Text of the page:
The rifle illustrated here is an early production 0 series Type 99 produced by Nagoya Arsenal. Nagoya was the most prolific of the manufacturers producing slightly less than 1.1 million rifles.

In the world of WWII military surplus firearms, Type 99 rifles are inexpensive acquisitions Most can be purchased in the $300-$500 range depending on manufacture and quality. Last-ditch rifles, can bring substantially less or more, depending on condition. All original, early rifles will bring prices more commensurate with other military firearms of the time period.

If you are shooter, you will find that the most challenging aspect of owning Japanese rifles is finding ammunition. Prior to the U.S. ammunition shortage during the Obama Presidency, major manufacturers would produce limited runs of 6.5mm and 7.7 mm Japanese ammunition. During the shortage, however, they ceased production to meet the demands of more common calibers and haven’t restarted those lines. Steinel Ammunition is about the only manufacturer that is consistently producing what appears to be quality ammunition in a number of historic calibers, including 6.5 & 7.7 Japanese. 

Toward the front of the receiver at the top we find markings indicating the model of the rifle: Type 99 (read left to right 9, 9, Type). In addition, a gas escape hole (drain holes are located on the bottom of the receiver in front of the floor plate and right side of rifle.

Toward the front of the receiver at the top we find markings indicating the model of the rifle: Type 99 (read left to right 9, 9, Type). In addition, a gas escape hole (drain holes are located on the bottom of the receiver in front of the floor plate and right side of rifle. Visible on this example is a ground spot on the rifle. Japanese rifles were issued with a Chrysanthemum, a symbol of the Emperor. To surrender was disgraceful, so soldiers would grind the “mum” off so as not to disgrace the Emperor.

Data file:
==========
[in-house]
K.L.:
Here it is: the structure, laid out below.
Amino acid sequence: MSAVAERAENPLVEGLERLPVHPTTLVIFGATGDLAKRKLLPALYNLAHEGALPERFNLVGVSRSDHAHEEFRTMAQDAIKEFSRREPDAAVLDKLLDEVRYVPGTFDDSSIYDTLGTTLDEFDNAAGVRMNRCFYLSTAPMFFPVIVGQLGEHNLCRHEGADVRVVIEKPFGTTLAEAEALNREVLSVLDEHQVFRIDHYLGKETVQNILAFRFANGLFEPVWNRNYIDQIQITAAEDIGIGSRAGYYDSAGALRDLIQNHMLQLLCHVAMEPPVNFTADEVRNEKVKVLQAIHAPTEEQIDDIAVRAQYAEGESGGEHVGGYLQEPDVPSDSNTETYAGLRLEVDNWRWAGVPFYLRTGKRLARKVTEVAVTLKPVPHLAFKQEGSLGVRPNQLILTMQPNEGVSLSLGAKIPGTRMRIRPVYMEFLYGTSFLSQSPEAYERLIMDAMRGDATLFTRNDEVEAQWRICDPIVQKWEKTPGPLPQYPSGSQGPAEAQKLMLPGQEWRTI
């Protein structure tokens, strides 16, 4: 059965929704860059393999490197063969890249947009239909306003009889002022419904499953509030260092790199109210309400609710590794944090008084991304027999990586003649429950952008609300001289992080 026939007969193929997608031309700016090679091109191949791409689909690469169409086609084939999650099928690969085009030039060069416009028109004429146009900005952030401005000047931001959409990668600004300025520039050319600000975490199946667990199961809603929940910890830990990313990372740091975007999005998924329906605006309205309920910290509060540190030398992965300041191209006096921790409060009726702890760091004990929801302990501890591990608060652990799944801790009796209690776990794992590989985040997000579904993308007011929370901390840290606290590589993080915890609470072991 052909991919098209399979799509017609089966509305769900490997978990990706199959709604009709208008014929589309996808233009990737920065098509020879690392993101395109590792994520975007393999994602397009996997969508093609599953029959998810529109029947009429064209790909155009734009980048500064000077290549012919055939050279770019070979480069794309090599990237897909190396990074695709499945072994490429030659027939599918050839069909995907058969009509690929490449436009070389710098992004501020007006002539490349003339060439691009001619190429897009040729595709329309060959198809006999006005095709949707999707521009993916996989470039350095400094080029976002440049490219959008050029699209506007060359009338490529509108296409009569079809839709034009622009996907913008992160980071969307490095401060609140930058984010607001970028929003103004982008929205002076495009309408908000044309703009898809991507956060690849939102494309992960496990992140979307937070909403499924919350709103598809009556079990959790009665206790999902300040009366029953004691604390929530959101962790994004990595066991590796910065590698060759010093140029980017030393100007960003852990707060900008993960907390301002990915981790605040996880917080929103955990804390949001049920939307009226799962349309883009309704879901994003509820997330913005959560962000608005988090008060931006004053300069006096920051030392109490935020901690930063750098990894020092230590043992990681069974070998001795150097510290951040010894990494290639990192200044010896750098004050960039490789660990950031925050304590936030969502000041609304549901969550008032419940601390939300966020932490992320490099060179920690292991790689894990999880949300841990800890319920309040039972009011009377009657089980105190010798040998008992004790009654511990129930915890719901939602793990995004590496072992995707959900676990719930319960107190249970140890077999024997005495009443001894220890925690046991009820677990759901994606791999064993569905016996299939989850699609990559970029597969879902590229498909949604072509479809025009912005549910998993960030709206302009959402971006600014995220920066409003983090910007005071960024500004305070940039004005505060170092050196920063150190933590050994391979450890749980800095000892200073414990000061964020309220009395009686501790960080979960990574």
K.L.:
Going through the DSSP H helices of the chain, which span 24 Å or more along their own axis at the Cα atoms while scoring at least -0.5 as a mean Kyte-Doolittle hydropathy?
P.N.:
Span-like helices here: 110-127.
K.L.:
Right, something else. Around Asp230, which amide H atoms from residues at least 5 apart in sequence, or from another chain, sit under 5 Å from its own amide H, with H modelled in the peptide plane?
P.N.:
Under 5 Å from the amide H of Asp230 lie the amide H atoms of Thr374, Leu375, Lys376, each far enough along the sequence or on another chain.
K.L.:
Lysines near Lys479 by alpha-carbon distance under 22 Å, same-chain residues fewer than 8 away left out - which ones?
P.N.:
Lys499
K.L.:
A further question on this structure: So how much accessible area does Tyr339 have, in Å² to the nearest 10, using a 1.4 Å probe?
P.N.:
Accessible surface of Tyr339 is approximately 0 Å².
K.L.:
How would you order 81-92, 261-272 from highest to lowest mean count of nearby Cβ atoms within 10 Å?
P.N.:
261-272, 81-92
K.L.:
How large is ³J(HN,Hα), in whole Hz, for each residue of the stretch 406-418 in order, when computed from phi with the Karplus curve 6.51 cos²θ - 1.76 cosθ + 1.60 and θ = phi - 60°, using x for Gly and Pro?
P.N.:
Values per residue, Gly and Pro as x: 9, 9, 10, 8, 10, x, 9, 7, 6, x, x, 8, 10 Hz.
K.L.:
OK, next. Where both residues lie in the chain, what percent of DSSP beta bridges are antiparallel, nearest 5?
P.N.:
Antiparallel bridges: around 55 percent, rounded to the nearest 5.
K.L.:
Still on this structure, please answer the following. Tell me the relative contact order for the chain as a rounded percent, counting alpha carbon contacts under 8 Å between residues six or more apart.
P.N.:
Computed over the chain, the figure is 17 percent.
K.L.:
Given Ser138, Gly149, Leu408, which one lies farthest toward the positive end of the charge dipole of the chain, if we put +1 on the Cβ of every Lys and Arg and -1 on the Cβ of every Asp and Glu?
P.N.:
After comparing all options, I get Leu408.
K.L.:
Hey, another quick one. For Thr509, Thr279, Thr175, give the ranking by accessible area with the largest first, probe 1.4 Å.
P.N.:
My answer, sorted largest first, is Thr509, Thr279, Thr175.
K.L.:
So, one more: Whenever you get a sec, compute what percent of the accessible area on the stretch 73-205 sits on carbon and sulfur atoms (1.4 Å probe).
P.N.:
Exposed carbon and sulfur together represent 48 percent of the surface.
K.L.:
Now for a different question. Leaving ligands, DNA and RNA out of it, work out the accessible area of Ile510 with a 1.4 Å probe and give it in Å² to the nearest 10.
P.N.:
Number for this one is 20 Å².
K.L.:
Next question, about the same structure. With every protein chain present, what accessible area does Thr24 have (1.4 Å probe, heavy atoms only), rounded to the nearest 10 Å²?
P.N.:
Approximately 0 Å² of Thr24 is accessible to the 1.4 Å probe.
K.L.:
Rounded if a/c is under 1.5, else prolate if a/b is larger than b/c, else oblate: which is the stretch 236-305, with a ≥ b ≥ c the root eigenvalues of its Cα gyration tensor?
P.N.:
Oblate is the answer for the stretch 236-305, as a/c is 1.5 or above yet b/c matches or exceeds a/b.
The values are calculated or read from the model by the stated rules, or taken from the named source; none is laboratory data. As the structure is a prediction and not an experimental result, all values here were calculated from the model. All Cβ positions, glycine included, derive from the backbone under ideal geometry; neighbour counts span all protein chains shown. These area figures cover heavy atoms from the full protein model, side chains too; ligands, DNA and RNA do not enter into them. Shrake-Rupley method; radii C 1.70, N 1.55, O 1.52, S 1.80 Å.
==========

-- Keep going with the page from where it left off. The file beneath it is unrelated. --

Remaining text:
The rear sight is graduated out to 1,500 meters. However, the addition of two wings that fold down have notches numbered 1, 2, and 3(in hundreds of nautical miles per hour).

The rear sight is graduated out to 1,500 meters. However, the addition of two wings that fold down have notches numbered 1, 2, and 3(in hundreds of nautical miles per hour). These are referred to as anti-aircraft sights and were designed to give the “lead” necessary to hit an aircraft. Many of these wings were broken off or, in the case of later models, not attached due to their lack of practicality and additional production time and expense. 

Explanation of the the "Mum."

Explanation of the the "Mum."

WWII photo of US soldiers with souvenir Type 99 rifles.

While many Japanese rifles found today entered the market through surplus gun sales, among collectors, the real prizes are the rifles brought back by U.S. military personnel as souvenirs. “Bring-back” rifles with the original military souvenir paperwork will command the highest prices today. 

Value of Type 99 Rifles

Table with Type 99 values in 2020.

Prices updated 2020.